The United Kingdom stands out (along with Dubai, the US, India, Australia and China) as a country aggressively piloting blockchain applications. However, perhaps more than other countries, the British government itself is more engaged in blockchain uses in public sector settings.
You can Bank on the British
Since 2015, the Bank of England (similar to the US Federal Reserve in mission) has been testing blockchain applications to lower costs in inter-bank transfers internal and external to the country. The UK Department for Work & Pensions has been piloting the use of blockchain to pay benefits to recipients who do not have bank accounts. The UK Royal Mint is testing blockchain to issue “Royal Mint Gold” a digital representation of real gold (think of a digital token that can be redeemed for gold).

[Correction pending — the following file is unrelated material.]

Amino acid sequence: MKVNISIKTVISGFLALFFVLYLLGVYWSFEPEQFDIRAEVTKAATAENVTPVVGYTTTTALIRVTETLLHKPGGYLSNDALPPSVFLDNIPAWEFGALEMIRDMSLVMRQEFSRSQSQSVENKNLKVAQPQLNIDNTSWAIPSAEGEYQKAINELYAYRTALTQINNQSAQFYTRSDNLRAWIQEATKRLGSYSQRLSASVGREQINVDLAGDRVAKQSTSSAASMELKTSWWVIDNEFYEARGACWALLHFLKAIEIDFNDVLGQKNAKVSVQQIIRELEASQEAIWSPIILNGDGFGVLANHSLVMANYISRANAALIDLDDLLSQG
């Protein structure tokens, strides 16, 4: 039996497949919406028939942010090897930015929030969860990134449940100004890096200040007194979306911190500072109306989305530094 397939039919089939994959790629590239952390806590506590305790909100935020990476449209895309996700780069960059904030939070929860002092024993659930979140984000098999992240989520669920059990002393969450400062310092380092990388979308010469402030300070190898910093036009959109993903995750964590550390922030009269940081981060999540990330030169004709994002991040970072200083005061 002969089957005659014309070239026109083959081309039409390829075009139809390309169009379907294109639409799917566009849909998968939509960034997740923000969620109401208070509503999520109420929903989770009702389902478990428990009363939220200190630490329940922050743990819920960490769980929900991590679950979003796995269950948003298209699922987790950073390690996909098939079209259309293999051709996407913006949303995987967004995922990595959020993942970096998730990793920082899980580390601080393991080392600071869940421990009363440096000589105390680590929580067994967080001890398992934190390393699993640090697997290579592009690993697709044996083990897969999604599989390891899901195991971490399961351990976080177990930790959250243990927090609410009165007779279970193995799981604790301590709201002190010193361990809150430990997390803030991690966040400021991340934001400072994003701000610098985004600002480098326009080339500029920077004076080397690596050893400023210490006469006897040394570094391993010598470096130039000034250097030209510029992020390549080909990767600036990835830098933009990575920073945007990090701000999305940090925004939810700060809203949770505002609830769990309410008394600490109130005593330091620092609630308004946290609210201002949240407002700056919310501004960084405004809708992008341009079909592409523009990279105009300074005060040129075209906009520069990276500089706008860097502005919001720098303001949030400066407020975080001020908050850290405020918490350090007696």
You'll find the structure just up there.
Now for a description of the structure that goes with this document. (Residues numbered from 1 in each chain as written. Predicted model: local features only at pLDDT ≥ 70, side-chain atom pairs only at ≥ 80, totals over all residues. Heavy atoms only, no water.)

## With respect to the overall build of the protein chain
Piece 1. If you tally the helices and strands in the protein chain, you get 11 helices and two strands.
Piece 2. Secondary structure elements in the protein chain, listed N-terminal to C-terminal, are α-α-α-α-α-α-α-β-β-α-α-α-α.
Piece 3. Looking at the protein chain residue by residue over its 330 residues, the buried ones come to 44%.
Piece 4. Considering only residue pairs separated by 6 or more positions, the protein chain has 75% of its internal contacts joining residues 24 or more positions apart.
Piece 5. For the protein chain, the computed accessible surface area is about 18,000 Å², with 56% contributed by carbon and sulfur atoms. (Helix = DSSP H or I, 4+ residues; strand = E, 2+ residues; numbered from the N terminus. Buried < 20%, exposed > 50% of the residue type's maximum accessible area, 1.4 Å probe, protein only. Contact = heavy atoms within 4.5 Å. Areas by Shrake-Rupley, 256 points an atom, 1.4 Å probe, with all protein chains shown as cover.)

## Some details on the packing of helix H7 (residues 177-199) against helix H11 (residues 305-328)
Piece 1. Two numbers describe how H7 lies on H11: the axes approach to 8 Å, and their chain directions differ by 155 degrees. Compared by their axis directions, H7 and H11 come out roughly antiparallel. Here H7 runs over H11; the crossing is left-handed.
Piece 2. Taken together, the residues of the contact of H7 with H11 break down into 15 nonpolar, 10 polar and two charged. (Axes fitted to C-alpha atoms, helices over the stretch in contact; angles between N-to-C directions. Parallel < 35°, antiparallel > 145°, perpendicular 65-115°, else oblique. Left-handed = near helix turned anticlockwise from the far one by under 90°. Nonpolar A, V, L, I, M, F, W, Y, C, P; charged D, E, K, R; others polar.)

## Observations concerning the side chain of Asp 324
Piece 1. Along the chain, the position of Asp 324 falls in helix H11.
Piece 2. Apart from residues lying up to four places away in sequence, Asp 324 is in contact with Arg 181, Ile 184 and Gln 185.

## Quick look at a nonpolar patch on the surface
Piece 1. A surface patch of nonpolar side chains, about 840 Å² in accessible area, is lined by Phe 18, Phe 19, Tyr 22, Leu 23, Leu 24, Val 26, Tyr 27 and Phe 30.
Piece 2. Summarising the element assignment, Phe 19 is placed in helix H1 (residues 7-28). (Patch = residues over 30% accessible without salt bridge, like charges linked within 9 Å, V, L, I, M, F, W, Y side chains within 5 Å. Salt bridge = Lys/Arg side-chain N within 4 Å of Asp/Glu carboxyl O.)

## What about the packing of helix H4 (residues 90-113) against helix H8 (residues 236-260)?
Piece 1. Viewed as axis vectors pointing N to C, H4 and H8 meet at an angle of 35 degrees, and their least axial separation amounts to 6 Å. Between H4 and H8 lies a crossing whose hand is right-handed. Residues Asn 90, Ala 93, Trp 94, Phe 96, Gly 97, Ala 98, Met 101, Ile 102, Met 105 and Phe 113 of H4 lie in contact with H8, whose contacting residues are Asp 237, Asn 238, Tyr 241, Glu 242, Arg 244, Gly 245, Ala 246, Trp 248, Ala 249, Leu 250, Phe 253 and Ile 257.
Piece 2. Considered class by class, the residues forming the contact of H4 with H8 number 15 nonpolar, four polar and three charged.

English Gardens for Innovation
In 2016, UK’s Crown Commercial Service agency (akin to the US General Services Administration) awarded a “blockchain-as-a-service” contract to Credits (a start-up out of Isle of Wight) so that agencies and organizations within UK’s public sector can use blockchain for their own purposes and applications. The UK government has also funded a “Digital Catapult Centre” in London to incubate start-ups in newer technologies, including blockchain.
The UK’s Financial Conduct Authority (similar to the US’ Securities & Exchange Commission) has included blockchain start-ups in its Regulatory Sandbox (kind of a ‘safe harbor’ that allows companies to test applications in a live environment).
British Blockchains Emerging
Activities like those above are helping to cultivate private enterprise in the UK. London itself is a hotbed of Financial Technology (“fintech”) start-ups and other industry companies developing blockchain applications.
Postscript 7.9.17: The UK is also looking into blockchain technology for it’s judicial system.